11. The Opportunity ● With the competition for talent being fierce, companies are turning to exotic / fringe benefits to recruit and retain employees. (Examples: Facebook, Google) ● To stand out to prospective employees, and retain the ones you have, you should offer student loan reimbursement as a form of compensation. (NPR) - Kelsey Griffith of Ottawa, OH, graduated with a 4-year degree from Ohio Northern University with $120,000 in debt. The payments start at $900/mo. student-loans-debt
  12. The Small Leap to SL Reimbursement ● Many companies, acknowledging the edge that higher education offer its workforce, have long offered tuition assistance as a form of benefit. ● This benefit is often structured as a reimbursement after a course has been completed. ● We propose expanding this into post- tuition reimbursement (student loan repayment).
  13. Best Practices - Retain “While a repayment program will likely bring significant costs, it will pay dividends in the long run.” -Ann Hollingsworth, HR, Memorial Hermann Health System ● MHHS in Houston, Texas is one of the latest employers to set up a student loan repayment benefit program. ● Full-time and part-time employees who have earned a degree within the last three years are eligible. ● Employees must commit to stay with MHHS for at least two years after the final loan repayment. ● The program is paid for through the lower, overall cost of hiring people due to a higher retention rate and increased productivity from more engaged employees. major-houston-employer-to-help-repay-employees.html
  14. Best Practices - Recruit ● Montana found it difficult to recruit public school teachers in rural areas. ● The Office of Public Instruction set up a student loan repayment assistance program for targeted areas. ● Teachers were eligible for student loan repayment assistance of up to $3,000 a year for four years, for a total of up to $12,000. ● 141 teachers were awarded $417,000 in student loan repayment assistance. ● Mississippi has a similar program. If Montana HB341 passes, all Montana employers would get a tax credit of up to $450/ employee annually for up to three years against either their corporate or individual tax income, if they directly kick in $1,800 to lower their employee’s student loan debt.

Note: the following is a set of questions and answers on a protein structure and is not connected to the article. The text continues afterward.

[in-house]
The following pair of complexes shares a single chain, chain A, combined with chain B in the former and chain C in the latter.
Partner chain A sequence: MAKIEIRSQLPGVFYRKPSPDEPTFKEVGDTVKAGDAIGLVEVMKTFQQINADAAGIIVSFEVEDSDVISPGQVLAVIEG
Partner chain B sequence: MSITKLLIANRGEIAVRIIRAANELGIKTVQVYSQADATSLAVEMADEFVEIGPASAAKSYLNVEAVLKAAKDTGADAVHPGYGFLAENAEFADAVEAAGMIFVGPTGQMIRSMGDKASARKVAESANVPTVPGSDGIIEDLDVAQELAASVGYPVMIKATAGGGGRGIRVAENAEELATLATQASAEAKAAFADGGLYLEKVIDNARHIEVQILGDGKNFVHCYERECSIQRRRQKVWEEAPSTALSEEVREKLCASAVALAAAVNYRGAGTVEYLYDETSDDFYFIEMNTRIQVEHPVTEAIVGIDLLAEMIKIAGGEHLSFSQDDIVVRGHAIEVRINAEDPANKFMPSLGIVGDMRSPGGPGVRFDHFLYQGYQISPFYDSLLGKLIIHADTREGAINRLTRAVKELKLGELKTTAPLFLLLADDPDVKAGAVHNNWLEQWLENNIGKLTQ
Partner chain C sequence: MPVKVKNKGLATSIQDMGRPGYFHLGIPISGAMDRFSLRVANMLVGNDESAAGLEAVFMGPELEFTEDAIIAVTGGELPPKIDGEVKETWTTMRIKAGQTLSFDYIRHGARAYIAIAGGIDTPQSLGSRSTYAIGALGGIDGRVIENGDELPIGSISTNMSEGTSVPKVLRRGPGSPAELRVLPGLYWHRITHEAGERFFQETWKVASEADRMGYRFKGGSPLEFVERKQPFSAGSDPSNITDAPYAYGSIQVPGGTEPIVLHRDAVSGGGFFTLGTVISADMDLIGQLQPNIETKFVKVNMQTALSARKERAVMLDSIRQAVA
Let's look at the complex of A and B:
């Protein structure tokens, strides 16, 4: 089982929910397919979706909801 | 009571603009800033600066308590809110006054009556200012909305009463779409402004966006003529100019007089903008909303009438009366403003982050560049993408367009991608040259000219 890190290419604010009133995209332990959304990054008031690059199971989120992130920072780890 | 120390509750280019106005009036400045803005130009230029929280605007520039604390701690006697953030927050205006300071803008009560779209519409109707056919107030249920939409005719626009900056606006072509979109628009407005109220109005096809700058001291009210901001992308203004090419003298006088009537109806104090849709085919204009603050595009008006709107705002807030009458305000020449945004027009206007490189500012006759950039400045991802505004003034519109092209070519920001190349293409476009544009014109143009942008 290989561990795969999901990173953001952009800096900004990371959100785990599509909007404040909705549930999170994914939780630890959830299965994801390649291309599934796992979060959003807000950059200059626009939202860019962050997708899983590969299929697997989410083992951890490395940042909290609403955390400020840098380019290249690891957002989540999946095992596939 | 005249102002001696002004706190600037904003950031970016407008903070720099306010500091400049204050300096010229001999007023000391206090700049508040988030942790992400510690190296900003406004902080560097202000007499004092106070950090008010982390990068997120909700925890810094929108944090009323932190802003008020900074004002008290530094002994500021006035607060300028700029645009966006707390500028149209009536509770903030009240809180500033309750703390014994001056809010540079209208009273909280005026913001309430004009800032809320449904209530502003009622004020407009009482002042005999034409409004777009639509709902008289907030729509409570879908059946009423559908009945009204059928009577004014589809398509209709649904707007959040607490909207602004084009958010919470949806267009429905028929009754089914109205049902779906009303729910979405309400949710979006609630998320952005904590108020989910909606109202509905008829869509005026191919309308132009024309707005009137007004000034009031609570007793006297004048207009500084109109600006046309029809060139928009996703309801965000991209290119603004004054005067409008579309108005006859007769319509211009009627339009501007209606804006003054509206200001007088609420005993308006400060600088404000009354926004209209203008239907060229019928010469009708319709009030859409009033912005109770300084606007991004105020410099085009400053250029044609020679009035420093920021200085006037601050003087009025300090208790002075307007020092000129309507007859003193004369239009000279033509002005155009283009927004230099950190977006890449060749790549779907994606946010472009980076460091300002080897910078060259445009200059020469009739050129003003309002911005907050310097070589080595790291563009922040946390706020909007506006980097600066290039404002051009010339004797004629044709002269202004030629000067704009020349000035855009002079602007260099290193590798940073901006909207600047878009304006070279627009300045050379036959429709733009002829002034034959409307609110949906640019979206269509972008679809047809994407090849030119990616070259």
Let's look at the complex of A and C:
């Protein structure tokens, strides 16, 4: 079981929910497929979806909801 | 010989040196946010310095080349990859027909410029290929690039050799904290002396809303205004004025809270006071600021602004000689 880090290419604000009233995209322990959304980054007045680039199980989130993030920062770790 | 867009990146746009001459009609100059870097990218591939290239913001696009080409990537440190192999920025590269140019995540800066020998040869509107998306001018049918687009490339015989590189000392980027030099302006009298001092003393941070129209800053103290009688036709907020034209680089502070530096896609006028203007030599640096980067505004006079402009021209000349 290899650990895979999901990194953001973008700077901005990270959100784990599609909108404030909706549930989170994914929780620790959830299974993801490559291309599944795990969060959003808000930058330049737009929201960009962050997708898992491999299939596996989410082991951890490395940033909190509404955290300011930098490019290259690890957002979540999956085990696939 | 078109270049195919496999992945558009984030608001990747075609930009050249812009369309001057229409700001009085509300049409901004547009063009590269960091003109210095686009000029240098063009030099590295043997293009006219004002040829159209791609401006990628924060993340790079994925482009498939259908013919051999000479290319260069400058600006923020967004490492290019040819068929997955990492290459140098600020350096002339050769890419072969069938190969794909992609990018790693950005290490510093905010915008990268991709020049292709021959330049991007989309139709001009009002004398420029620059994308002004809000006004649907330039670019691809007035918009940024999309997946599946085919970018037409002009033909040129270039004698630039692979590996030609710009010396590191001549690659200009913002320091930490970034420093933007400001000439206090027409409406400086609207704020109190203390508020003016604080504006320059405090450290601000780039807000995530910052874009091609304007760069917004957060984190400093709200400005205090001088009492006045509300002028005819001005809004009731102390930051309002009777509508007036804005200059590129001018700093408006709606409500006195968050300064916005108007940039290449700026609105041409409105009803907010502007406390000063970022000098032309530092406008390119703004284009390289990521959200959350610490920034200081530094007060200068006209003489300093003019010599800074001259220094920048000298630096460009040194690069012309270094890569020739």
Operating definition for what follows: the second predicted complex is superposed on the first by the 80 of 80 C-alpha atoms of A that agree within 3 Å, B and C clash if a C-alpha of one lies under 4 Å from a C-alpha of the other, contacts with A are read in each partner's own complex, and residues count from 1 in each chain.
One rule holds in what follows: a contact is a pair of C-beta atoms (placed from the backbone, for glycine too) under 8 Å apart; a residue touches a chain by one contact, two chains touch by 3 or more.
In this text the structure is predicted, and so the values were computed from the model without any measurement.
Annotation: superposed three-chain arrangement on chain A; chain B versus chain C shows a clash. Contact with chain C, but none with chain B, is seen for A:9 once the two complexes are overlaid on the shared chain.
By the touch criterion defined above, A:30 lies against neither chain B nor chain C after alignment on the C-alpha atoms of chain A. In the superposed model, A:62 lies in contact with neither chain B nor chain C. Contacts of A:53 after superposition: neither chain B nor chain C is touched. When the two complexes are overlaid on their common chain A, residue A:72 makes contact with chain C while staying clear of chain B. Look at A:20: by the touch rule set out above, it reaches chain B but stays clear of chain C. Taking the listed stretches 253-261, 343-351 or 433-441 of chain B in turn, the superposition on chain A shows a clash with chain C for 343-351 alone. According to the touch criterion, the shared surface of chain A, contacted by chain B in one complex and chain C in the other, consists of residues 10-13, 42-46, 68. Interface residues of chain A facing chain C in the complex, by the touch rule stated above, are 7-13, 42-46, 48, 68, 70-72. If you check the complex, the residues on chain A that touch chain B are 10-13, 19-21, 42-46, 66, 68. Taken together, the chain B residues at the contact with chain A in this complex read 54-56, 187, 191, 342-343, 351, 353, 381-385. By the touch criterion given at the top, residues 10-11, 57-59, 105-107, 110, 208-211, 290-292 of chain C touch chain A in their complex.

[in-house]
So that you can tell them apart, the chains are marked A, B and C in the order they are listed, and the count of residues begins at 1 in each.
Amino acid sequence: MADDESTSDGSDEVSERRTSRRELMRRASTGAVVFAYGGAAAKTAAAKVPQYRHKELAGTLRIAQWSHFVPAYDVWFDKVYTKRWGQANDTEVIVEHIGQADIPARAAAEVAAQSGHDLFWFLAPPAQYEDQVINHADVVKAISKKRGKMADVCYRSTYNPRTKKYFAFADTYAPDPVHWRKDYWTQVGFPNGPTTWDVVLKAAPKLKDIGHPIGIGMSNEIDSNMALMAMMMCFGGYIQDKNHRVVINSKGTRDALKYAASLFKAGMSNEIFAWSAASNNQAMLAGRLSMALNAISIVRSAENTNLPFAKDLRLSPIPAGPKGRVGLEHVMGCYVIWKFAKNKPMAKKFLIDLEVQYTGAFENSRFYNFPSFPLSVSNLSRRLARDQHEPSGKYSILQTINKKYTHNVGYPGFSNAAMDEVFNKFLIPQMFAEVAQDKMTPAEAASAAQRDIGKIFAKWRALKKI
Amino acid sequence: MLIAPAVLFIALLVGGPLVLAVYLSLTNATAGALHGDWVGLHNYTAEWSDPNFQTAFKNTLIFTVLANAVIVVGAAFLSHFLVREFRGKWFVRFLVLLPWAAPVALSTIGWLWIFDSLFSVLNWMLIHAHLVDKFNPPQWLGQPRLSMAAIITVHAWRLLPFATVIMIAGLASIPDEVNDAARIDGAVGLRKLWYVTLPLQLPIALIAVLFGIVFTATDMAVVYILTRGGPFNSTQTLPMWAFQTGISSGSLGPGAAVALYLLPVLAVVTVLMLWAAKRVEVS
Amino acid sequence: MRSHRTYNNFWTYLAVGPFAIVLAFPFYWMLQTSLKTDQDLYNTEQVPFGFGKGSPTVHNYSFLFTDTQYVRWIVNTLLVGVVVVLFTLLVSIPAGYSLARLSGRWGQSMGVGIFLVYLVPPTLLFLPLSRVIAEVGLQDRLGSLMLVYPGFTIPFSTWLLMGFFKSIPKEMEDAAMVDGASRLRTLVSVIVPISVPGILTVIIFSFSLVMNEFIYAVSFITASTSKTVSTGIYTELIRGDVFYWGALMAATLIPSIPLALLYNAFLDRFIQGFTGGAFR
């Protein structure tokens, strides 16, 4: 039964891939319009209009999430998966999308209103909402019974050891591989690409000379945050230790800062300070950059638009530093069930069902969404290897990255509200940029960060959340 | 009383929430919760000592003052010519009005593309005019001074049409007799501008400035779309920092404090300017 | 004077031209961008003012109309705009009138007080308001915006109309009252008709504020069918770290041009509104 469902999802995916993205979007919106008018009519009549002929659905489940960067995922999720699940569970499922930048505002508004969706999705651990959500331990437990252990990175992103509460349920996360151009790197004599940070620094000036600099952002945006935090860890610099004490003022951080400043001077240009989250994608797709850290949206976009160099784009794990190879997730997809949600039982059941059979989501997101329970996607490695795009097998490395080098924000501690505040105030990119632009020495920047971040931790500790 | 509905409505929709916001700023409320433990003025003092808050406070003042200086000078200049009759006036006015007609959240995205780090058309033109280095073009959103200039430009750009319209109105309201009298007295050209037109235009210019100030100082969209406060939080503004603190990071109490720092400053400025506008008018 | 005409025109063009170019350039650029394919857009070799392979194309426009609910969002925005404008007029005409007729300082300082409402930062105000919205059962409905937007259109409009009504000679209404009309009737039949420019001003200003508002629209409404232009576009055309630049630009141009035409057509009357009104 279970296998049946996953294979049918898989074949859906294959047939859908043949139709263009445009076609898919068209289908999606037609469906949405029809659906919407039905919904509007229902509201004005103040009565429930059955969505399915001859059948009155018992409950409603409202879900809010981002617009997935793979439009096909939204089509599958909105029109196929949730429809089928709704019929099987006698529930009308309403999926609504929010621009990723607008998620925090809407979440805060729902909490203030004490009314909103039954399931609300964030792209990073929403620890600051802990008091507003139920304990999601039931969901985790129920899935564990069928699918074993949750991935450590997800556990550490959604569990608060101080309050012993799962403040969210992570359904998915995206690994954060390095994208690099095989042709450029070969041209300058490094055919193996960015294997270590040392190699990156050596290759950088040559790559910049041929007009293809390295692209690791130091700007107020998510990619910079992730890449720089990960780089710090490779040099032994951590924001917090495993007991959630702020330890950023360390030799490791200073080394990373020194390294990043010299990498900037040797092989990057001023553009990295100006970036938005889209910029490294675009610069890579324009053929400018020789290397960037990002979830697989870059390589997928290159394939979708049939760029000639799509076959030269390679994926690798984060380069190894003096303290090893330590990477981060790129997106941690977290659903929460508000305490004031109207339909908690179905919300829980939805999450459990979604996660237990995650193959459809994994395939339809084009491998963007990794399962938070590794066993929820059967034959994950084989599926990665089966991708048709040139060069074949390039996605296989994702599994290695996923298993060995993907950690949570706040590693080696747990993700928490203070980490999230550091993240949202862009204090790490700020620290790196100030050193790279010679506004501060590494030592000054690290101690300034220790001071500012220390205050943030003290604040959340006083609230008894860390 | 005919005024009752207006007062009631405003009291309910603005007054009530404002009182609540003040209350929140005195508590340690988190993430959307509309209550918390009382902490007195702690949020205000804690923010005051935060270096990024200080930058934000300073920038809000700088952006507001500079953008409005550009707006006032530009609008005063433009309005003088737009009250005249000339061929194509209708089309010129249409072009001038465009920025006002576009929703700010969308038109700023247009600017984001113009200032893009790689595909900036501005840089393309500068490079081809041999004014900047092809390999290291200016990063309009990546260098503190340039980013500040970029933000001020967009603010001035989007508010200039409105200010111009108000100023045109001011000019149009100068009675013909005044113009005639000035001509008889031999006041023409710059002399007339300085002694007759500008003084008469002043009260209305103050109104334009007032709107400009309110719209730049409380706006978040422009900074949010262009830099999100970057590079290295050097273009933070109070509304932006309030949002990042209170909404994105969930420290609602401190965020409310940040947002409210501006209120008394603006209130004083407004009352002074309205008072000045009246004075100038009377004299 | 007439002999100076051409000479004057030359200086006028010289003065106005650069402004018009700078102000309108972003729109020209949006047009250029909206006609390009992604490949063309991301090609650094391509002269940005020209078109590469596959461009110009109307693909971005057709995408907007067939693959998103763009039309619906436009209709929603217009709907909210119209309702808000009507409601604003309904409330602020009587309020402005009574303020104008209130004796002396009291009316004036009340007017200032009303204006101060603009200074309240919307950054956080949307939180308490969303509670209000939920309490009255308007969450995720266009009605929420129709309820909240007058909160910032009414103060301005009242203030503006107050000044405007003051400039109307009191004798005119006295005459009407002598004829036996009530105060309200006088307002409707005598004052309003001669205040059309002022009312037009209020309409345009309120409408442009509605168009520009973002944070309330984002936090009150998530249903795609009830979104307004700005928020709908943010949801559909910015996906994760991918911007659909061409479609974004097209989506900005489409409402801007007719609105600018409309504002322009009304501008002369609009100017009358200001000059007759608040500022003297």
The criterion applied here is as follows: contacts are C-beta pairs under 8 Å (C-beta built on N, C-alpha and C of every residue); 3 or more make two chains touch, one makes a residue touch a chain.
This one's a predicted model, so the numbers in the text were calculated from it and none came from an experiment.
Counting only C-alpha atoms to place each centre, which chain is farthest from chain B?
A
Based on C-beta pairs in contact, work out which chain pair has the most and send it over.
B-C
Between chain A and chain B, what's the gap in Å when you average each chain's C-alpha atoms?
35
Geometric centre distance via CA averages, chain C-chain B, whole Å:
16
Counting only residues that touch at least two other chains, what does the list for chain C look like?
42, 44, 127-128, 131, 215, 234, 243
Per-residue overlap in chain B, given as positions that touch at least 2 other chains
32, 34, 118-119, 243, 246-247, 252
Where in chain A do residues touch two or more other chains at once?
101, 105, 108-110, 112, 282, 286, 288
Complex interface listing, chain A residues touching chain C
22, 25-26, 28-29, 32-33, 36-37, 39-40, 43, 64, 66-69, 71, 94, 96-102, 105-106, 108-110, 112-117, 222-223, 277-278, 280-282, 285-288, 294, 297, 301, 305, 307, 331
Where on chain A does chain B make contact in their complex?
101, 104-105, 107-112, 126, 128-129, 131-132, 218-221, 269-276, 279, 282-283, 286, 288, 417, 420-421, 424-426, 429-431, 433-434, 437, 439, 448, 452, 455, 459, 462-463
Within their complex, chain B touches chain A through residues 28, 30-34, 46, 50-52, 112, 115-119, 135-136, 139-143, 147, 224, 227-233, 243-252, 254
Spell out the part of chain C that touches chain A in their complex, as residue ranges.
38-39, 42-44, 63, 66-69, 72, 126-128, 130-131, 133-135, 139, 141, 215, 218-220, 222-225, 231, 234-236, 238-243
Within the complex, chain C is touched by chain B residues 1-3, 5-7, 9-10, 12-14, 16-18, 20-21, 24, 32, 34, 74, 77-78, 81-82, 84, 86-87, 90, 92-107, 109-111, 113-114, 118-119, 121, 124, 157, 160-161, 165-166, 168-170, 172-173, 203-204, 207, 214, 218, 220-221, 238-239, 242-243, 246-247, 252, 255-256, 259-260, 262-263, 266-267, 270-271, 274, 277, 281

15. Best Practices - Public Sector ● If your employees qualify as public servants, the Consumer Financial Protection Bureau recommends structuring your student loan repayment program around existing government student loan forgiveness programs. ● Help your employees fill out the Public Service Loan Forgiveness (PSLF) paperwork. ● Directly make the monthly loan payments for your employees, instead of providing the benefit in a lump-sum. Cincinnati City Councilman P.G. Sittenfeld in 2014 announced the city’s College Affordability Assistance Program, which educates employees about PSLF and helps them with the paperwork.